After explaining what a PMO should do, Sanjiv gave us an idea of what it should look like. In particular, it should not consist of dedicated resources. Instead, it should be a standing committee, comprised of representatives from each of the portfolio’s projects. In that way, the projects retain the ultimate authority over the process. The committee discusses and debates what decisions should be made to support project delivery: switching staff, moving budget, or even killing a failing project. If there are no dedicated staff on a PMO, and it’s charged with supporting (as opposed to delivering), then by definition, it’s not a cross-functional Scrum team. This was a fascinating model, because it flies in the face of the conventional PMO, having full-time staff mandating decisions to project teams from on high….a model which seems to contribute to the very high kill rate for PMOs themselves.

“I make more money finishing smaller projects one at a time”

One of the more compelling parts of Sanjiv’s talk was when he wasn’t actually talking. Specifically, he showed off a video interview of his home renovation contractor, Steve. It turns out that Steve is a construction guy that embraces Lean management principles. He explained in the interview that when he had a larger crew, working several projects at once, he had nothing but headaches. He wasn’t able to guide the all the work sites at once, so he would often show up to find misunderstandings and mistakes. Furthermore, visiting all those work sites every day left Steve feeling stressed out and frayed around the edges. Eventually, he trimmed down to just one team, working on one project at a time, and became much happier. Apparently, downsizing his operation didn’t hurt the bottom line: Steven the one-project-at-a-time “lean contractor” drives a Porsche 911.

As always, the best part of the evening came with the networking afterwards. Once the talk was over, Sanjiv sat down with me, Richard Cheng, and the gang from Code71 to talk about these topics more in depth. I strongly encourage all of you to consider attending the next APLN chapter meeting in Washington DC, or in your own neck of the woods.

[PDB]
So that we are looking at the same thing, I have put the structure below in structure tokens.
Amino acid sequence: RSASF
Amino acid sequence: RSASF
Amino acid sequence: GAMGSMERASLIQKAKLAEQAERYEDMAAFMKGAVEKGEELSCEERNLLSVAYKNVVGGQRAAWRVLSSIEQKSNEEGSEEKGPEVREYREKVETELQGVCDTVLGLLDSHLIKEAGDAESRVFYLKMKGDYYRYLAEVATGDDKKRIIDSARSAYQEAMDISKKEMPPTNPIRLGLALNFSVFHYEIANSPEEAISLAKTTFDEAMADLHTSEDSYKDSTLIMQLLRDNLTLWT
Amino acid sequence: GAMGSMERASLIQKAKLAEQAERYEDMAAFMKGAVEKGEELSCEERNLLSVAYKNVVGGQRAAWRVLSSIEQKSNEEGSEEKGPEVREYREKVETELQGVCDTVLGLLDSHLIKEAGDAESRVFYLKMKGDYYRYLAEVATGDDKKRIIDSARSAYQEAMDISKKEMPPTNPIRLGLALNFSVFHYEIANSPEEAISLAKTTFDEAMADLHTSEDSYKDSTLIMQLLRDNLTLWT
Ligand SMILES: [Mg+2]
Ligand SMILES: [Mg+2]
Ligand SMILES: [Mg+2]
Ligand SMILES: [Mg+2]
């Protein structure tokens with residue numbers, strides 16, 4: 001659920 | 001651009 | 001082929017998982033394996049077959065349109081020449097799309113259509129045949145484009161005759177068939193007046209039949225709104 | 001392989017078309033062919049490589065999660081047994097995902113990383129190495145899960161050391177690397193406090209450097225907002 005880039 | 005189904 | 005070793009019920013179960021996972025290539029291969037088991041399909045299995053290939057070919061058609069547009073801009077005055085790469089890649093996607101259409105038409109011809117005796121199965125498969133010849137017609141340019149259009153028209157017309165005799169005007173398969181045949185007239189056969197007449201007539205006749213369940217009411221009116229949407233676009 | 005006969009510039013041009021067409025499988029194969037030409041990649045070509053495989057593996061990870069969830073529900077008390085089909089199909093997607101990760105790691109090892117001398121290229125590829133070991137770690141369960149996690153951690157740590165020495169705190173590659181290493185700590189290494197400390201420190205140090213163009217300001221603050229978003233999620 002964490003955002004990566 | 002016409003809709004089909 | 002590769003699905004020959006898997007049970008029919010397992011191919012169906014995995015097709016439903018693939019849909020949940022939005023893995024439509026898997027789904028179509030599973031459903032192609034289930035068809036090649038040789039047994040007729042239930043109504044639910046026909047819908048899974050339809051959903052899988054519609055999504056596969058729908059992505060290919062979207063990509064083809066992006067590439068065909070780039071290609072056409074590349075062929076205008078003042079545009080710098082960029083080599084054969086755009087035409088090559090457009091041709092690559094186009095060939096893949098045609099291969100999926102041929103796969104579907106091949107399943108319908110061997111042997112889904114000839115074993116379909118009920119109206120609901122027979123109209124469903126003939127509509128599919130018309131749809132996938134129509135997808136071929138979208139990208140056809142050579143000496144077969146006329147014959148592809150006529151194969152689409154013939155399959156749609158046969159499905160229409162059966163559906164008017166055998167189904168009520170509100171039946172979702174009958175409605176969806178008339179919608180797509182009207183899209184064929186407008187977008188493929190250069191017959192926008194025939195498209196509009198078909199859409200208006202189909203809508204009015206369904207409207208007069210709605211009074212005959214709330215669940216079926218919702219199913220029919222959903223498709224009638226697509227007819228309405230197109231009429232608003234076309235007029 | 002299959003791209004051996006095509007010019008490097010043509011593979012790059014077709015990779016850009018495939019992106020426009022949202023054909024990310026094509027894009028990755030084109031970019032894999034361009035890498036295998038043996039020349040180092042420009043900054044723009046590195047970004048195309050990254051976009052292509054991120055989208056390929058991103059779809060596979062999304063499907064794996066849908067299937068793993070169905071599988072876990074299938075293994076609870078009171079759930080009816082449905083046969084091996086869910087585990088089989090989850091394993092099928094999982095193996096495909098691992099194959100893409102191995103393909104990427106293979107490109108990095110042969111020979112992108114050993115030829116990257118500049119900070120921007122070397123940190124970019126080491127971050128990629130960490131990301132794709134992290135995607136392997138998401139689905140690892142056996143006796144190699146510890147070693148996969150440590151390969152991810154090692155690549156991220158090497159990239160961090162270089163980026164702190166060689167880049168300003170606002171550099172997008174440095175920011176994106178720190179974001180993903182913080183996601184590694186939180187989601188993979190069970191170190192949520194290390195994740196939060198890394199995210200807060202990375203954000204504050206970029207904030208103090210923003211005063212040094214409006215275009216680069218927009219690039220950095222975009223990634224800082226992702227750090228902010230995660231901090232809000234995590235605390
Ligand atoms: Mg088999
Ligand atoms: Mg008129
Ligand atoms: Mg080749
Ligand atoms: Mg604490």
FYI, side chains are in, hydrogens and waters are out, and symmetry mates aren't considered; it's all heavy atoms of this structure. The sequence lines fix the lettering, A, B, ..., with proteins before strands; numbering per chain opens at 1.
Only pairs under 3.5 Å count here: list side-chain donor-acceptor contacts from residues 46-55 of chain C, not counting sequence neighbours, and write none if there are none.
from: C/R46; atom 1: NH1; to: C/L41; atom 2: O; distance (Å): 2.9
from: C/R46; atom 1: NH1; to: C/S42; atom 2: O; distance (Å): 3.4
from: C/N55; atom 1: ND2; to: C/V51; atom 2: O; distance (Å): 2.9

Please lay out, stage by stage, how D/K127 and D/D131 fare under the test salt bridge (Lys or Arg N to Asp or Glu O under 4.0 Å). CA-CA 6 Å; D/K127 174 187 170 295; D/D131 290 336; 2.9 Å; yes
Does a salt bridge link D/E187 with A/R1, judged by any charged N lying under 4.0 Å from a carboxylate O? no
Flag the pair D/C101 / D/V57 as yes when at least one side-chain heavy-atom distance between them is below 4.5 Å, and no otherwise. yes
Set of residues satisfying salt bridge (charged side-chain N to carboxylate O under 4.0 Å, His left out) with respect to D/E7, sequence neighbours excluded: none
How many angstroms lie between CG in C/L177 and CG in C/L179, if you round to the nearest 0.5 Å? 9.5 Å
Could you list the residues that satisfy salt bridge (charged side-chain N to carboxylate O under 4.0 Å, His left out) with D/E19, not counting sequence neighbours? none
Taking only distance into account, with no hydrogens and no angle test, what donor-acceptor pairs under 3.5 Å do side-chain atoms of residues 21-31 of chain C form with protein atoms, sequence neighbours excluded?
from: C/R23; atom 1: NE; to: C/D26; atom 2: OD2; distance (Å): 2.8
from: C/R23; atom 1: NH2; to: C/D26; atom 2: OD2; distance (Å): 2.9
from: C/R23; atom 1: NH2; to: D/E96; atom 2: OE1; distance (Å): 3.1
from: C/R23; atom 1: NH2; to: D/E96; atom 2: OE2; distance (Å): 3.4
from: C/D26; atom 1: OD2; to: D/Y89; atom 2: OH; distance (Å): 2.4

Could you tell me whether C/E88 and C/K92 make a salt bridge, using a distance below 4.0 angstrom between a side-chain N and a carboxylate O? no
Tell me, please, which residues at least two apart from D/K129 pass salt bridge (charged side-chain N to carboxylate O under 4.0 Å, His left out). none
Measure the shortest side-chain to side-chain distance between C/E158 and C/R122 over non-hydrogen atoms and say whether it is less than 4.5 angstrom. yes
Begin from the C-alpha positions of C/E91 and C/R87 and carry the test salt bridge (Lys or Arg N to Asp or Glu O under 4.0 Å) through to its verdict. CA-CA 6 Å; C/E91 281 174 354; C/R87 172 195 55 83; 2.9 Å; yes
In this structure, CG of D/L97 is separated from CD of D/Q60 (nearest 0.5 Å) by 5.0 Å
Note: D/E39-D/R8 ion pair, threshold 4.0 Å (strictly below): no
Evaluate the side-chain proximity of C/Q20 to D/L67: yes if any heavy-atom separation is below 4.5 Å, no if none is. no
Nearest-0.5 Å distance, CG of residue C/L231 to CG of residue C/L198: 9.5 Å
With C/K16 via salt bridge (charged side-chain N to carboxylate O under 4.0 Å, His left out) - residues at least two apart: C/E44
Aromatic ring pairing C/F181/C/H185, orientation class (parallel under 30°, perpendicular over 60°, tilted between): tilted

PMI’s DC Chapter Talks Agile

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Last week, the Washington DC chapter of PMI hosted a roundtable discussion on Agile Project/Program Management, which featured a packed crowd, smart speakers, and some healthy debate. Indeed, the event was broadcast on the official PMI Agile twitter feed. The event was an outgrowth of the strategic partnership between the DC chapters of PMI and APLN. The panelists were:

PM Tools 2

General Inisghts
The discussion was moderated by Bearing Point’s Matt, who was reprising his role from the very popular APLN-DC event disussing Agile Government. Nicolette and Bodamer were brilliant for sure, but Cheng was itching for a fight and Cook was on fire with her quotable talking points. Among the panel’s key comments were:

  • “Top barriers to agile are 1. crashing against organzational culture and 2. anxieties about job security”
  • “Don’t just say let’s go agile”; target a specific problem.”
  • “ask how much am I willing to invest in this project, not how much will it cost”
  • “an agile PM facilitates process, relies on team to deliver results”
  • If you’re a theory Y manager already, then agile will be easier for you to do
  • “manage things, but lead people”

PM Tools

PMBOK != Agile
The event also yielded two interesting differences of opinion. When asked whether the PMBOK could be used in conjunction with Agile, most PMI Agilists will say yes. Cheng got a laugh when he read page 1 of the PMBOK, which calls for iterative processes that fit the project at hand. But we went on to critique that “agile does not talk well to adoption in organizations with multiyear budgeting cycles”, such as the U.S. government. He also made the point that a “traditional WBS is not an agile feature breakdown stucture”, a concept popularized by PM authors Wysocki and Sliger/Broderick.

Oddly enough noone on the panel disagreed with Cheng’s points, but they instead highlighted the common point that Agile practices are considered to be a subset of the best practices described in the PMBOK. Hmm….

A juicy debate, by PMI standards